Oil and gas stocks spur CI rally


  • Business
  • Saturday, 28 Jun 2003

BY JAGDEV SINGH SIDHU

A SPECTACULAR rally in oil and gas stocks yesterday spilled over to the rest of the market, helping to arrest an ongoing consolidation and pull the KLSE Composite Index (CI) up 8.7 points or 1.28% . The CI closed at the day's high of 691 points on heavy volume. 

The play on the oil and gas stocks spurred retail interest in lower liners, which in turn sent the second board up 4%. 

“It is quite timely. The market has been in consolidation for a week and something was needed to bring back interest to the KLSE,'' said TA Securities head of research C.K. Ngu. 

Volume yesterday ballooned to 639 million, valued at RM942.7mil, from 377.3 million shares valued at RM525.5mil on Thursday. 

Attention was drawn back to the stock market as escalating share prices of at least two companies involved in the oil and gas business reeled in retail investors. 

The performance of second board counter SCOMI GROUP BHD and main board–listed Petra Perdana Bhd had bucked the consolidation on the KLSE, rising stunningly over the past two weeks. 

Scomi has been on an overdrive, surging 95% from RM2.58 on June 12 to RM4.78 yesterday. The stock has rocketed to 2.5 times its initial public offering price since the company's listing on May 13. 

Petra Perdana's share price was, however, the first to move. It has risen from RM2.21 on June 4 to RM2.85 on June 12, and it closed at RM3.90 yesterday, for a 76% rise since June 4. 

Genting Bhd, which has major interests in the oil and gas division, found its shares rising 30 sen to RM14.60.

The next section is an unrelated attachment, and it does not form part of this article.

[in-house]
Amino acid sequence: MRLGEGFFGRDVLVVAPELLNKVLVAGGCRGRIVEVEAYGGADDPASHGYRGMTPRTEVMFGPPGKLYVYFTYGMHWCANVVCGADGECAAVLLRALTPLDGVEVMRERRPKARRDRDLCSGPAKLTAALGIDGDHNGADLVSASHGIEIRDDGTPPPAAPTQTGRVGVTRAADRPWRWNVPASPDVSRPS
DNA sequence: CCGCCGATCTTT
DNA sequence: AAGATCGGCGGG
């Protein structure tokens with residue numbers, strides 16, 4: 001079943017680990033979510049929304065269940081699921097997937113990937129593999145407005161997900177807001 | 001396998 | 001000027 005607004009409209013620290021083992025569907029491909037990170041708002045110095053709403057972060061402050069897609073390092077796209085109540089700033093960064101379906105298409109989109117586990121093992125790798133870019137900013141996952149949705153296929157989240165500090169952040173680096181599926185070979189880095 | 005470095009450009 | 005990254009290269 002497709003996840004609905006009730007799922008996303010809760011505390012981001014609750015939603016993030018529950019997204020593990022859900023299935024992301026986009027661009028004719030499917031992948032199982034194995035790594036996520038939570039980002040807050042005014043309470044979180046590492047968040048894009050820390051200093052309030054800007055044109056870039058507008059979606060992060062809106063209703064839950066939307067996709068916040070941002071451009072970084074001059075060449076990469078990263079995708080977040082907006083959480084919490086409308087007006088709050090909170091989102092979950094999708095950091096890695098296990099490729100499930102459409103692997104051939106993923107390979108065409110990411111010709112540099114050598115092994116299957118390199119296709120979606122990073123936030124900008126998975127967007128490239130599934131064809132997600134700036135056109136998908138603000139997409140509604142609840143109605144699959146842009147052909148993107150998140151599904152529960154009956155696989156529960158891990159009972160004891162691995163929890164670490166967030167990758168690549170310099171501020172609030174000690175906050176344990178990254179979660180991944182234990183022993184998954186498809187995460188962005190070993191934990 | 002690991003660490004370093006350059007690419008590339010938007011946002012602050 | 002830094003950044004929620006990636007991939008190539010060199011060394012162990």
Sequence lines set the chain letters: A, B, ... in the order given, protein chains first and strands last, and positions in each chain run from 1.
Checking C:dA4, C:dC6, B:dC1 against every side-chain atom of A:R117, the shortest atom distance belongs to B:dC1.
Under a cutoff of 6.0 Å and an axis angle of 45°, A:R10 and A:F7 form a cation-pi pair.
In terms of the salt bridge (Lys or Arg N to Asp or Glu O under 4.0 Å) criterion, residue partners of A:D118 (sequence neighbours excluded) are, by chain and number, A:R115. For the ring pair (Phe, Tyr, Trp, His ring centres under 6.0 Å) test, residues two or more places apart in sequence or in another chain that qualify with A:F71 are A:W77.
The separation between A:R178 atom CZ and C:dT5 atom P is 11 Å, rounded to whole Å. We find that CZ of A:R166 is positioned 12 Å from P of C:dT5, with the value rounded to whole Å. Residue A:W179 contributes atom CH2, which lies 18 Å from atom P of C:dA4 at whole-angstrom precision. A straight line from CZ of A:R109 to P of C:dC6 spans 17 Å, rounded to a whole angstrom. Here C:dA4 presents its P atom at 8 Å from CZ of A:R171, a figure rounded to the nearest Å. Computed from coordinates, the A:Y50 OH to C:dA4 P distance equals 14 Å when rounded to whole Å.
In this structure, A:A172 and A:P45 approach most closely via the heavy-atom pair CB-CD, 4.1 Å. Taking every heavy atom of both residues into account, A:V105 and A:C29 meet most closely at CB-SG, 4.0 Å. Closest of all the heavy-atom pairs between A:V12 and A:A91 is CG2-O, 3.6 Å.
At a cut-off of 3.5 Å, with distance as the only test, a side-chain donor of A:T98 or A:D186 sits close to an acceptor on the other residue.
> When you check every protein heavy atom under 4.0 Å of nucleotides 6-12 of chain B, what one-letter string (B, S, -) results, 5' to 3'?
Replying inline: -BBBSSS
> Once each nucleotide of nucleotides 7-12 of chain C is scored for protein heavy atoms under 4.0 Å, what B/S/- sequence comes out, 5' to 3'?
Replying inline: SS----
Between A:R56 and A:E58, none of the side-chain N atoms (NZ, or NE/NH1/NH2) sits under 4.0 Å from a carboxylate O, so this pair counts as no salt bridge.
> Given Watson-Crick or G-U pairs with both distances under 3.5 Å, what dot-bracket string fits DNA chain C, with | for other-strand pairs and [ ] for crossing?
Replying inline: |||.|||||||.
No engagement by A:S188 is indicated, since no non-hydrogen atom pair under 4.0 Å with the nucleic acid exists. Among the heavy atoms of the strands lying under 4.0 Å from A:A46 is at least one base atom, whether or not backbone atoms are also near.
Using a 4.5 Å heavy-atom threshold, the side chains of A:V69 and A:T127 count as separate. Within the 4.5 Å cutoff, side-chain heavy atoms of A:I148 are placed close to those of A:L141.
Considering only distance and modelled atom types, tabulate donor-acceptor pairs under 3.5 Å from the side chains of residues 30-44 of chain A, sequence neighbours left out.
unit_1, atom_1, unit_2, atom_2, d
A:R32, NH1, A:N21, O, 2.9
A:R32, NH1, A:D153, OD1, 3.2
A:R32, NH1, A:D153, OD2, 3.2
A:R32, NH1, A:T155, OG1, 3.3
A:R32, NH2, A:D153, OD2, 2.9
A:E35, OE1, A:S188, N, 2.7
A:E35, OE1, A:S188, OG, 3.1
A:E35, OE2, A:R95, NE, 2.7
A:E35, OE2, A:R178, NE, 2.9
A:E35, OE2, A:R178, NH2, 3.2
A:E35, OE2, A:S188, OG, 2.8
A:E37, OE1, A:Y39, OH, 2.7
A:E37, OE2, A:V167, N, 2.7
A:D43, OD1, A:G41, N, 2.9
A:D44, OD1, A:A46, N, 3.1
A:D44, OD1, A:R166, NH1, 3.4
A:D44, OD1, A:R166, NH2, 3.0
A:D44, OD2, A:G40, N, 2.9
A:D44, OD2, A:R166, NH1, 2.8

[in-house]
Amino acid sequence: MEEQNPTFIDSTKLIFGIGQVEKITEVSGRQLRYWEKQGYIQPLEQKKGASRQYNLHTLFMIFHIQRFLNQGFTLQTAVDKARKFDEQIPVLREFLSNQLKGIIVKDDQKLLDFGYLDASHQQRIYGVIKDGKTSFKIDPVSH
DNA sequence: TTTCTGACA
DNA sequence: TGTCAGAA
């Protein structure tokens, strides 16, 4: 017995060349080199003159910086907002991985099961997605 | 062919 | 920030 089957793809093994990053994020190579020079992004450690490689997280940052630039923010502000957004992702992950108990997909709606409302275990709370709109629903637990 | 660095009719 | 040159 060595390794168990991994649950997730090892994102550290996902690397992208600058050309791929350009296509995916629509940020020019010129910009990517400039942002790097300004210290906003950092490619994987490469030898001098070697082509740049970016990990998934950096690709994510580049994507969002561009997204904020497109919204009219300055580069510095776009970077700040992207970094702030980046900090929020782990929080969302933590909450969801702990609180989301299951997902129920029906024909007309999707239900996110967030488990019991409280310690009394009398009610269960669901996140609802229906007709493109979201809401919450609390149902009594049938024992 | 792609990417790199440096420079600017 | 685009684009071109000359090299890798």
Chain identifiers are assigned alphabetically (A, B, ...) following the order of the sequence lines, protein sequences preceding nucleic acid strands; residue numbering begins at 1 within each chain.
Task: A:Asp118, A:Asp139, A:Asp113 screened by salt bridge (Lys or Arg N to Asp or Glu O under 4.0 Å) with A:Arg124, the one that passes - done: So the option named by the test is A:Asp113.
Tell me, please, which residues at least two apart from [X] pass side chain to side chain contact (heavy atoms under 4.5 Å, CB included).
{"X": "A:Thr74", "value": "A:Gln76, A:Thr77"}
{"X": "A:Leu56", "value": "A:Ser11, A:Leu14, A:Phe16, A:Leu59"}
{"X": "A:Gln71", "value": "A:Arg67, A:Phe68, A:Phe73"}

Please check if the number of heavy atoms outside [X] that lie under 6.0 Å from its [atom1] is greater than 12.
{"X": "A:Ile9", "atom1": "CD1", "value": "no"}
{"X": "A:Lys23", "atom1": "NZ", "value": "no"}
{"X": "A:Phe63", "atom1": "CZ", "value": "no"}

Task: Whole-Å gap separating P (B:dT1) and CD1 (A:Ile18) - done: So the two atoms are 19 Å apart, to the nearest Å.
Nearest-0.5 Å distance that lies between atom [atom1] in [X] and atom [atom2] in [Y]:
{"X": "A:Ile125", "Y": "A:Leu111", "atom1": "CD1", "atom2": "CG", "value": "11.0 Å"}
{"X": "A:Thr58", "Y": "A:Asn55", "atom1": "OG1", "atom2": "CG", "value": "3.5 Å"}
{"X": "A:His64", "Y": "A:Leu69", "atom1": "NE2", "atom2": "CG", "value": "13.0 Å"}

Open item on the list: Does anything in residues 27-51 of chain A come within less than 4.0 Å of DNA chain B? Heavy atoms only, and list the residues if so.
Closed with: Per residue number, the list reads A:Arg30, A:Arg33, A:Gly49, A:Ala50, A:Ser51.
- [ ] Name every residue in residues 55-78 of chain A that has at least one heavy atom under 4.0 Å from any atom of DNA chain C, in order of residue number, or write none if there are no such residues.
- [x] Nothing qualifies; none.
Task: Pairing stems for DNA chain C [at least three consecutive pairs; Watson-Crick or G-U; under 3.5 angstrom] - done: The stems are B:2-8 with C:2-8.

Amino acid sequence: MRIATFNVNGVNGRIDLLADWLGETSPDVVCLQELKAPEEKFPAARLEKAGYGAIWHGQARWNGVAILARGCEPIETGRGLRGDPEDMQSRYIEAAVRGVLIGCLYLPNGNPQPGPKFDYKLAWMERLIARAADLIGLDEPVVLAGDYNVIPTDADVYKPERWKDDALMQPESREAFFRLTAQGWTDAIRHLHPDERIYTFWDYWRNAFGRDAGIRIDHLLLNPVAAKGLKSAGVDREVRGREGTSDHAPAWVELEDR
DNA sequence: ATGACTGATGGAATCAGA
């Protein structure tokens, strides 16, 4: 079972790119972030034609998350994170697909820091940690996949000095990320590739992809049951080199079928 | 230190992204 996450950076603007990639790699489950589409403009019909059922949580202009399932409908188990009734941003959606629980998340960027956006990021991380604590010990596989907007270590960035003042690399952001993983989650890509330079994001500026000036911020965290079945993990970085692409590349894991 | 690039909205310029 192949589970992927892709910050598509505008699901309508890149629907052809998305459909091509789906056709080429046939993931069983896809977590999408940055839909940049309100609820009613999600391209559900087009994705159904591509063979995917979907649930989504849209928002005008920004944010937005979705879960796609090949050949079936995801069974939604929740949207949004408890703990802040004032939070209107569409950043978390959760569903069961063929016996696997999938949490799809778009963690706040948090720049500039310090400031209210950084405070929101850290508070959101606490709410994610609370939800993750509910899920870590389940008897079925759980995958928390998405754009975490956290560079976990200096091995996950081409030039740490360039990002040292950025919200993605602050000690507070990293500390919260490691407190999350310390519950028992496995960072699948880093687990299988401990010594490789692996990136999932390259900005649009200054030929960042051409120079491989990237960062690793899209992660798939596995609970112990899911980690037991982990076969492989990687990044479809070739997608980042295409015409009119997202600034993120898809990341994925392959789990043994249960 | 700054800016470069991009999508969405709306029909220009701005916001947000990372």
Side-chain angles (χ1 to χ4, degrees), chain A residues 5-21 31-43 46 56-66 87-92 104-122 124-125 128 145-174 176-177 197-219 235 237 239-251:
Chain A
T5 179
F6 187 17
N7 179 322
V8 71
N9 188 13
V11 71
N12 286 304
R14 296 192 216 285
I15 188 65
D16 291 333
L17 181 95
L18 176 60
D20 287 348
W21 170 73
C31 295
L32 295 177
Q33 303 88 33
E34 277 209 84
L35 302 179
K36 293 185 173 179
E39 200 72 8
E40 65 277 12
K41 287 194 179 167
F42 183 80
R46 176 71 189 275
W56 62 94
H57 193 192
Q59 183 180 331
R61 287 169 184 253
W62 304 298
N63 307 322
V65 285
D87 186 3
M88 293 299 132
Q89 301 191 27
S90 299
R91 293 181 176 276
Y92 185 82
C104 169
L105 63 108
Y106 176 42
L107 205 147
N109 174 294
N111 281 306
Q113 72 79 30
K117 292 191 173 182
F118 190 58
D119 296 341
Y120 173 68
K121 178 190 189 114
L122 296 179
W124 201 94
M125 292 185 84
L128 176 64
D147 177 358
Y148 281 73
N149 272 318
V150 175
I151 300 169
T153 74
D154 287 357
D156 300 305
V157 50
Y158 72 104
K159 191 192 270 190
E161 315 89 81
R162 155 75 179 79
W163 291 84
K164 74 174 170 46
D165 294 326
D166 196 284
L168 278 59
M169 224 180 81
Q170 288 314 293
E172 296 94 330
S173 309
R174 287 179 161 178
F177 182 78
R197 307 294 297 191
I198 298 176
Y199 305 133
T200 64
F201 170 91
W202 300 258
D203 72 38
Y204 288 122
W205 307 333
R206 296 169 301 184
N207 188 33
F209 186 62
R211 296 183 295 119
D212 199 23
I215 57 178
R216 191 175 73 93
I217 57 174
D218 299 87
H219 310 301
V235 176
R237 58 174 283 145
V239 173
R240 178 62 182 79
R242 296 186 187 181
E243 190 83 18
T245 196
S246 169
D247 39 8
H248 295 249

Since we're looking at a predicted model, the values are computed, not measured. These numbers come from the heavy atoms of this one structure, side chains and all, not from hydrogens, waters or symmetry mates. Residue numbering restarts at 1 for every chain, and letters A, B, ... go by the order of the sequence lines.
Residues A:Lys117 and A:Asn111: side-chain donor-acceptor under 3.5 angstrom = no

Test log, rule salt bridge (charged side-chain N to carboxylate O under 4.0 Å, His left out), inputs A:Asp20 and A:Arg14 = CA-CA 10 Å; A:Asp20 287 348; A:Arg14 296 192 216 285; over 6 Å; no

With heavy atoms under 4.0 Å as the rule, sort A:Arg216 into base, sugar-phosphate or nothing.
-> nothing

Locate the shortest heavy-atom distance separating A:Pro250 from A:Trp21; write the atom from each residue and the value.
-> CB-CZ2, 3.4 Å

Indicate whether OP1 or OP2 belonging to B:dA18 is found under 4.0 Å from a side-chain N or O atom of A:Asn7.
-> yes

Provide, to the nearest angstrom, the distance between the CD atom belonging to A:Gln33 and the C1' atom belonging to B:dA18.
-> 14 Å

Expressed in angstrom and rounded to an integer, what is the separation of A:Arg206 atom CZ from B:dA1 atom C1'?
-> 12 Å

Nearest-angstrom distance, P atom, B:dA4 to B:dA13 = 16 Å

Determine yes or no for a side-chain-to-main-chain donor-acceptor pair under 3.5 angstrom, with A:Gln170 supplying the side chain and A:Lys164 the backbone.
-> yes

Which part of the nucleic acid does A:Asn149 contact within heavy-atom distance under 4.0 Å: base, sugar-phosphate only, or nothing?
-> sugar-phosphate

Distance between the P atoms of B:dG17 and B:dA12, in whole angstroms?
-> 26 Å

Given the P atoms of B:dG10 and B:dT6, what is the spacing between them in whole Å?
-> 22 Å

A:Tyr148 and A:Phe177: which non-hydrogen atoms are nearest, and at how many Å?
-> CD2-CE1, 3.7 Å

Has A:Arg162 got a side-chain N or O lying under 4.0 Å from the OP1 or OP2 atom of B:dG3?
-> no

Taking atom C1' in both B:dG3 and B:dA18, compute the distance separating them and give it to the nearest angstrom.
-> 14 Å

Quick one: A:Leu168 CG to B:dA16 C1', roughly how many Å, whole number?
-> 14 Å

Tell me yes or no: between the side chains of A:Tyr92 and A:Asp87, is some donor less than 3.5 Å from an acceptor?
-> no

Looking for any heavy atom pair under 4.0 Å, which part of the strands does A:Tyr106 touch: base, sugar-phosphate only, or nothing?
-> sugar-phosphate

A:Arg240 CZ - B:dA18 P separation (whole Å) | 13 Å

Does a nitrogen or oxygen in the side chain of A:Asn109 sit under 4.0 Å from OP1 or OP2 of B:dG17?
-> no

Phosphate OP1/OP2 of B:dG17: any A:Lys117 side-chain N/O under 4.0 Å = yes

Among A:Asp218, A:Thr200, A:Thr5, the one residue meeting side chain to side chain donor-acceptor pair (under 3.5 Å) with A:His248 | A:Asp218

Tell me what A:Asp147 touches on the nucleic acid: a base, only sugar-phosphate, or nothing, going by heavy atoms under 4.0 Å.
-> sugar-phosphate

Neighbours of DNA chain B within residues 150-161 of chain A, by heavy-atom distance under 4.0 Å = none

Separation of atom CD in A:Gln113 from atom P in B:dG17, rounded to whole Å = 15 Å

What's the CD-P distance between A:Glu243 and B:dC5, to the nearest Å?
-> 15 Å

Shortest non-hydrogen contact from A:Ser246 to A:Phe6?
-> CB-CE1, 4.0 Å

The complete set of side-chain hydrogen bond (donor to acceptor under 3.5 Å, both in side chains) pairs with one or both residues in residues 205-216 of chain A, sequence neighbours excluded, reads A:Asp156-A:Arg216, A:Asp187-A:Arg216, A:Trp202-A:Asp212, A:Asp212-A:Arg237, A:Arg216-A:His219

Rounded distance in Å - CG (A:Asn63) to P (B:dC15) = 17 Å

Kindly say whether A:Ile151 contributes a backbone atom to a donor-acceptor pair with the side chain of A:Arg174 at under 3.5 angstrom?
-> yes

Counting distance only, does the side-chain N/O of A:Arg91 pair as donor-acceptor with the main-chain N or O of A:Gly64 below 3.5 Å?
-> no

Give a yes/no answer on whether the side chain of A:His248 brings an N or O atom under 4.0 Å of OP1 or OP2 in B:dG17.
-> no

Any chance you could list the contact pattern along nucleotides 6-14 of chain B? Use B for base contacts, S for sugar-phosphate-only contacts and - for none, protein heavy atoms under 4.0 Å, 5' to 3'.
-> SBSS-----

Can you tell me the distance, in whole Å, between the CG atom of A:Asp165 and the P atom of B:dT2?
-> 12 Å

Analysts said that rumours of an impending large contract from national oil company Petroliam Nasional Bhd could be the reason for such activity among the oil and gas stocks. 

Another reason was the potential spin-offs from the discovery of huge oil reserves in east Malaysia, first reported on Aug 5, 2002.  

Details of the oil find at the Kikeh prospect in Block K were sketchy then but over the past few months, reports shedding more light on the discovery have slowly filtered into the market. 

The find – in disputed waters – is reported to be the largest over the past decade, with recoverable reserves projected at 400 million to 700 million barrels of oil. Malaysia's recoverable oil reserves have been estimated at four billion barrels, although total reserves, mainly sited offshore in the South China Sea, could be much more. 

Analysts say the influence of Wall Street's overnight performance, especially that of Nasdaq, could have been another factor for the gains on the KLSE.  

The Dow Jones Industrial Average rose 0.75% to 9,079 and the tech-heavy Nasdaq jumped nearly 2% to 1,634. 

In Asia, Tokyo's Nikkei 225 jumped 2%, Singapore's Straits Times Index rose 1.35%, and Hong Kong's Hang Seng climbed 0.5%. 

Although mid-year window-dressing could be a factor in the KLSE's performance yesterday, analysts attributed the turnaround in trading activity to increased retail interest in the KLSE and the continued easing of trading charges over the past few weeks, especially for margin account holders. 

“The better volumes could be due to commission rates being lower,'' said K&N Kenanga head of research Seow Choong Liang. 

Yesterday's sharp gains have pushed the CI close to a modest resistance level, pegged at 695. Analysts say the CI could face heavy resistance at 700 points, with strong support pegged at the 680-point level. 

“The market is still far away from an overbought position. The market internals are very strong,'' said OSK Research technical analyst Shin Kao Jack. 

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